“Only God is Great”
Romans 13:1-10 & Psalm 146
Louis XIV was one of the greatest kings that the world has ever known. He sat on the French throne for over 70 years and is still famous today for solidifying the power of the monarchy and claiming Divine Right of rule. He was called the Sun King, and he was called Louis the Great. In 1699 he called a priest named Jean-Baptiste Massillon to be his personal chaplain. When Louis died in 1715, he had left meticulous instructions with Massillon about has lavish funeral. He wanted a dramatic affair worthy of such a great king of France. He was to lie in state in a golden casket at the Notre Dame cathedral so that his subjects could come and pay their respects to him. The funeral was to be lit by a lone candle in the vast cathedral, for dramatic effect. Father Massillon carried out Louis’ instructions to a ‘t’, but when it came time to deliver the funeral sermon he added his own touch. As he began his sermon he went to the candle that stood over the King’s casket and snuffed it out, saying, “Only God is great.” (1)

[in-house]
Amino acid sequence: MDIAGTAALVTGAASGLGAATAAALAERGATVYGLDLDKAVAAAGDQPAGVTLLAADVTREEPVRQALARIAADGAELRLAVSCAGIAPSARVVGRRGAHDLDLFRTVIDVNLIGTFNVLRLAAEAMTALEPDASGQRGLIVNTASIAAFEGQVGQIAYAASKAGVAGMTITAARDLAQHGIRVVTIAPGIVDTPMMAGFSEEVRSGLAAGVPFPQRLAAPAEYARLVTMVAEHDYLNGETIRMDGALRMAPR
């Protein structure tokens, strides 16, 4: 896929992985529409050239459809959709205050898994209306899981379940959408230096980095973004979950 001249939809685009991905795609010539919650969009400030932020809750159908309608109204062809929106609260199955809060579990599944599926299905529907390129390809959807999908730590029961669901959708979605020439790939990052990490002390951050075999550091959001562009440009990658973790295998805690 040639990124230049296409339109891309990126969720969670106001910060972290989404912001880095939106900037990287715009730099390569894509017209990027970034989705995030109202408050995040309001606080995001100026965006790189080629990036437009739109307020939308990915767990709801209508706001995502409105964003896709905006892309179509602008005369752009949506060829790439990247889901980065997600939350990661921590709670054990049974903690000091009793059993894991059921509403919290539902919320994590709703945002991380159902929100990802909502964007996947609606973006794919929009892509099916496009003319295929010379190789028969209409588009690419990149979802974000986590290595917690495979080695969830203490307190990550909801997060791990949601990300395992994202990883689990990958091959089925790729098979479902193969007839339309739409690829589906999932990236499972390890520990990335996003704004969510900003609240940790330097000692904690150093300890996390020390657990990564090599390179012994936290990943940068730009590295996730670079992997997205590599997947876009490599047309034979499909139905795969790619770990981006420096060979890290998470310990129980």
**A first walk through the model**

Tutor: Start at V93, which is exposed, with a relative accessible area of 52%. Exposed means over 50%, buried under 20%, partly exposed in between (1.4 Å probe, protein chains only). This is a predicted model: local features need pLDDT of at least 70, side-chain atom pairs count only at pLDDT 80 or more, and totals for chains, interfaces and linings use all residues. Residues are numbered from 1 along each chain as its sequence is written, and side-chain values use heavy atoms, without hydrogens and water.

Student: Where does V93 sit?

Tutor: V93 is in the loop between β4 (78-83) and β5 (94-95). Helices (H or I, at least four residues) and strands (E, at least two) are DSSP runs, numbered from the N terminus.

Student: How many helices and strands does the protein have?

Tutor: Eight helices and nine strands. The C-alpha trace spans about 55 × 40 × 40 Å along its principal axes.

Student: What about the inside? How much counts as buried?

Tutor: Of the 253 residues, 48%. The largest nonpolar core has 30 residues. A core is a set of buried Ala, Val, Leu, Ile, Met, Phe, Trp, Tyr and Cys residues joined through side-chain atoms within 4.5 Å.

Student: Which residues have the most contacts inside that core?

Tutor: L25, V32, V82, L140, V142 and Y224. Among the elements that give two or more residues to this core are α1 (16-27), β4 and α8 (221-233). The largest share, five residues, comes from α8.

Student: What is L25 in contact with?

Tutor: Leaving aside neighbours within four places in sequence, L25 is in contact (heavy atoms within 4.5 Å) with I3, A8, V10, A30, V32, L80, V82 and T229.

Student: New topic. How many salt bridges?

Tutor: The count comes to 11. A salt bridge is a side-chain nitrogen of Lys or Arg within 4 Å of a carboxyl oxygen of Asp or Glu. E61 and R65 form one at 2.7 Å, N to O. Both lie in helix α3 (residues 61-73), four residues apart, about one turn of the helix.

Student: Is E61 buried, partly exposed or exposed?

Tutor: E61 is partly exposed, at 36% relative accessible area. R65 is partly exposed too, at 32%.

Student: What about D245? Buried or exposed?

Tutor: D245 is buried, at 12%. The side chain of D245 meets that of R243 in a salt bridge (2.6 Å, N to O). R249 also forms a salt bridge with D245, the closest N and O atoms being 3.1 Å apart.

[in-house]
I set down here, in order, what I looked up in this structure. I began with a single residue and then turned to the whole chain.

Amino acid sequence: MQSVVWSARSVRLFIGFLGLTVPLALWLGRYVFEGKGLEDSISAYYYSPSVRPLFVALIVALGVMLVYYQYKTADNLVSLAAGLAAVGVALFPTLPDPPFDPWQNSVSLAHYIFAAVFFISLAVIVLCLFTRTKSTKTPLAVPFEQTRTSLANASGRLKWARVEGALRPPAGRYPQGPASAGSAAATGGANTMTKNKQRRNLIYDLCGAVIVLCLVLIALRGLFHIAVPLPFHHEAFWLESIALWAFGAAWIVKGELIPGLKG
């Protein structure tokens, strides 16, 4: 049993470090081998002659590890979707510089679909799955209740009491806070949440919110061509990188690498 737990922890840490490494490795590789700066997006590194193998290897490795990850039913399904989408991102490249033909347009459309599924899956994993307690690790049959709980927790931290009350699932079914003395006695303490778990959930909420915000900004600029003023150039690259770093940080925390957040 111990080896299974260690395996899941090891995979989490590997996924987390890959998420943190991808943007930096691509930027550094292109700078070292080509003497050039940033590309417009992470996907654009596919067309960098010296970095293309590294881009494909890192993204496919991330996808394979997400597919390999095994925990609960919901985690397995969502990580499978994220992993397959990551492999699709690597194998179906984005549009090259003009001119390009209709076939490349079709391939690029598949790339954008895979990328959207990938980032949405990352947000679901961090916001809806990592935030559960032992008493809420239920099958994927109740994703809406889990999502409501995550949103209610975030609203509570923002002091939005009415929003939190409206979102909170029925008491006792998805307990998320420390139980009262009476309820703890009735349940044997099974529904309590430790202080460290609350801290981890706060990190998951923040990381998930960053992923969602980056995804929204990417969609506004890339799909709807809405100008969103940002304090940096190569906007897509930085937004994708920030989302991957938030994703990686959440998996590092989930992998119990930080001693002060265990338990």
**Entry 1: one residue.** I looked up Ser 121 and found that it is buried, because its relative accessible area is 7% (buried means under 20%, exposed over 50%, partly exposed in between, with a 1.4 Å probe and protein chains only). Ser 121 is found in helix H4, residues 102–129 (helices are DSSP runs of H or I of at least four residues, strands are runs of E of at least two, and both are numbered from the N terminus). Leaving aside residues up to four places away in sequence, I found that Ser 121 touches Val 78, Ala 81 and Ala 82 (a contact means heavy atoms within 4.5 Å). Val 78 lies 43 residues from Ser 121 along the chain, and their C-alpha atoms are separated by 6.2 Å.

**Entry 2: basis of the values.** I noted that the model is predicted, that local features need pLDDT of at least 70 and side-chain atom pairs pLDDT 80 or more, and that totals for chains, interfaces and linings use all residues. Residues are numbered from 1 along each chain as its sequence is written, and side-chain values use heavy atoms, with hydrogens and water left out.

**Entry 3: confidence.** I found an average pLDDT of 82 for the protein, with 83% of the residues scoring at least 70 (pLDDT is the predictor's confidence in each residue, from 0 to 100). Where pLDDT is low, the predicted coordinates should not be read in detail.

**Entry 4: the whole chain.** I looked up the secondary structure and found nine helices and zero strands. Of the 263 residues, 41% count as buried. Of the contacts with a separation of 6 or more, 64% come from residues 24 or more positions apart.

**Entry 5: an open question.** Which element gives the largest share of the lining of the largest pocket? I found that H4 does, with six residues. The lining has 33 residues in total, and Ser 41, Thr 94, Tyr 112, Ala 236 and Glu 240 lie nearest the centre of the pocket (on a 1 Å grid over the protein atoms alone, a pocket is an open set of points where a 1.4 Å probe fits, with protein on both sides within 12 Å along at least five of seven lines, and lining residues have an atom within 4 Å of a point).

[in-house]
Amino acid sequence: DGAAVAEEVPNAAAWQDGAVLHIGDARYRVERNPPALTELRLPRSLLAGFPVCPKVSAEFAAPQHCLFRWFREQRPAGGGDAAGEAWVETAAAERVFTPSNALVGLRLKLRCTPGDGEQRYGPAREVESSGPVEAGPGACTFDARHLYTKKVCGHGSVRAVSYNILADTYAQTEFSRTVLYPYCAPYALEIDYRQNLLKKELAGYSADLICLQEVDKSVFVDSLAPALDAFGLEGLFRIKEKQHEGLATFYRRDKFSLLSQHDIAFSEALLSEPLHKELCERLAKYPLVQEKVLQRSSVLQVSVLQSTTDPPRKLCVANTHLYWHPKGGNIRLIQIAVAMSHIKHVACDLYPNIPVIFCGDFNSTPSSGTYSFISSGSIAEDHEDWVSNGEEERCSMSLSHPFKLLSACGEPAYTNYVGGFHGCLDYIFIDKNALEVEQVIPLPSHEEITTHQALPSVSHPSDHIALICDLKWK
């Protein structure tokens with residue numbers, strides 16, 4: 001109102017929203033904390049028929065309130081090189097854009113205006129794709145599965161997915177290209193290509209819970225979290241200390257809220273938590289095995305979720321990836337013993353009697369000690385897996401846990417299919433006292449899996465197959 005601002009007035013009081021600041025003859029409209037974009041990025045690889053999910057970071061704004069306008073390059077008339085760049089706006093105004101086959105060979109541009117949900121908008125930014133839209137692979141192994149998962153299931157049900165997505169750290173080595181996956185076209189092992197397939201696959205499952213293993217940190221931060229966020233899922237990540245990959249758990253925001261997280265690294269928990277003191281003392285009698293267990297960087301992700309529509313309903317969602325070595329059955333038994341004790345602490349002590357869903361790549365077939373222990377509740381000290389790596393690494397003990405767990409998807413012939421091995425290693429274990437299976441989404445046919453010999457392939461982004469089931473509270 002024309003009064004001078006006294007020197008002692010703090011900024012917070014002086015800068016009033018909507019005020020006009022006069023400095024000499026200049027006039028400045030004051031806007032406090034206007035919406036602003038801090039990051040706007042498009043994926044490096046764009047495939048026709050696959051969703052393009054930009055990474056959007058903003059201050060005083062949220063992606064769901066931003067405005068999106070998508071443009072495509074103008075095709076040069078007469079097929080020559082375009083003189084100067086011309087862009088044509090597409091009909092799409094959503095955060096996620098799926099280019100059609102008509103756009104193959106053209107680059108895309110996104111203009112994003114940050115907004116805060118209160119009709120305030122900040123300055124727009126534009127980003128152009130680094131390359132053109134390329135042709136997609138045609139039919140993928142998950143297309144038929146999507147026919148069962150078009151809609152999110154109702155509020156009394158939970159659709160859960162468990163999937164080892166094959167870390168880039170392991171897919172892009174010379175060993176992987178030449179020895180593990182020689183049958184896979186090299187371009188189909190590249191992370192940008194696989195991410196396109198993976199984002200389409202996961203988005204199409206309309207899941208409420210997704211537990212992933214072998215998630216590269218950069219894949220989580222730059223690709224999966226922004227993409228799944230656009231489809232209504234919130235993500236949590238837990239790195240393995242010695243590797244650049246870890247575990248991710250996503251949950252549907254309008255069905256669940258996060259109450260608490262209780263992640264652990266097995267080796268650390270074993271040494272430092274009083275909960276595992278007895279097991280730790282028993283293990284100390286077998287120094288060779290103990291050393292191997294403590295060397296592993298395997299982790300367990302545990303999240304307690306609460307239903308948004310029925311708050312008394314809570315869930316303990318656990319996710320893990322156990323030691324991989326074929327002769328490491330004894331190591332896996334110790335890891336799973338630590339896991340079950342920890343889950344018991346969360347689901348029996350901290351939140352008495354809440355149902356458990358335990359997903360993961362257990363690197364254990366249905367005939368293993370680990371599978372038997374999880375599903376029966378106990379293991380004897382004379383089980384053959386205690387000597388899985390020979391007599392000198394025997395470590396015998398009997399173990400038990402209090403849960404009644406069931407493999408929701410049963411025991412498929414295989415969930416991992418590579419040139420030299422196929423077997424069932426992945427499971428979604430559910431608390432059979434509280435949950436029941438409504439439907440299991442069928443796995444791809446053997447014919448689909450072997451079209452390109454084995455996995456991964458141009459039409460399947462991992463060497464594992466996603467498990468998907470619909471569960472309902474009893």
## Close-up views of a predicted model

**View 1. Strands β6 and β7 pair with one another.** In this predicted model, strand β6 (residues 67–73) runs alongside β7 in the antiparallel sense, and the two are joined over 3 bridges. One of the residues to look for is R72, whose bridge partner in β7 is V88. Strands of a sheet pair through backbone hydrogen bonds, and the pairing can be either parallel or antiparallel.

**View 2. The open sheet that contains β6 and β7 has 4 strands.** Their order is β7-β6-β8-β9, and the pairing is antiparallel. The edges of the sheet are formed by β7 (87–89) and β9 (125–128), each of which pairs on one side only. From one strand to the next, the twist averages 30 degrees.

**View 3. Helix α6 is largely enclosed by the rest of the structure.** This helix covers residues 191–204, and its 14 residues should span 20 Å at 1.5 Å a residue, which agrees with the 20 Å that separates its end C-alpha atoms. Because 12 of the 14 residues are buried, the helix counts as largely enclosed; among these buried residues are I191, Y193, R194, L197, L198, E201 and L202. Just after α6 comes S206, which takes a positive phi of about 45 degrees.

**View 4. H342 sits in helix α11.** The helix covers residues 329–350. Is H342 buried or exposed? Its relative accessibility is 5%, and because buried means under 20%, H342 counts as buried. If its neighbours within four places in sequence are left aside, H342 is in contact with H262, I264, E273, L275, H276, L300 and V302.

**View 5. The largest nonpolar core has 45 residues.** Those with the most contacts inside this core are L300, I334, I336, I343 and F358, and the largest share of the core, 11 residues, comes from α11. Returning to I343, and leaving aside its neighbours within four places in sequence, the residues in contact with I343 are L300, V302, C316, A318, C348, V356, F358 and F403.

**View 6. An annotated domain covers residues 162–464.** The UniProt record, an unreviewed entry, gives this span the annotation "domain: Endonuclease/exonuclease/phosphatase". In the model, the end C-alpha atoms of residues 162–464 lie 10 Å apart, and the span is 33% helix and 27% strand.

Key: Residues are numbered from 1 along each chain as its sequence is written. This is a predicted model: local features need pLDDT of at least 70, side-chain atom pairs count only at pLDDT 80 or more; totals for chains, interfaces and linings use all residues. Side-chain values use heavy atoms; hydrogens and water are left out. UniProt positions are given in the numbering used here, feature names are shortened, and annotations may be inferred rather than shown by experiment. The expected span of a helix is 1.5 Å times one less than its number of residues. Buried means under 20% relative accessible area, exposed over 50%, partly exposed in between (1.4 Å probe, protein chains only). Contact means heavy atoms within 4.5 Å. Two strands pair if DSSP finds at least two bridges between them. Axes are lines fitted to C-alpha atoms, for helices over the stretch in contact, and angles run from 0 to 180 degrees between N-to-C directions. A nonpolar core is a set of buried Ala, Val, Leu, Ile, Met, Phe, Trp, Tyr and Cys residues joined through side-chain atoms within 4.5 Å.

We gather tonight in the midst of the hustle and bustle of the election eve to tell the world, “only God is great.” Whomever we elect, whomever sits in the Oval Office, real power and hope and authority resides in Jesus. Best of all, we don’t vote for him, we don’t have to elect him, he is already the one who is Elect, the One called by the Father in the strength of the Spirit to be our King and Lord and Master, to save us and to redeem the world. His Kingdom has come, is here, and is coming. We get to the live into that reality, remembering that the gospel means that Jesus resides not just in our hearts, but in our homes and places of work and in our neighborhoods.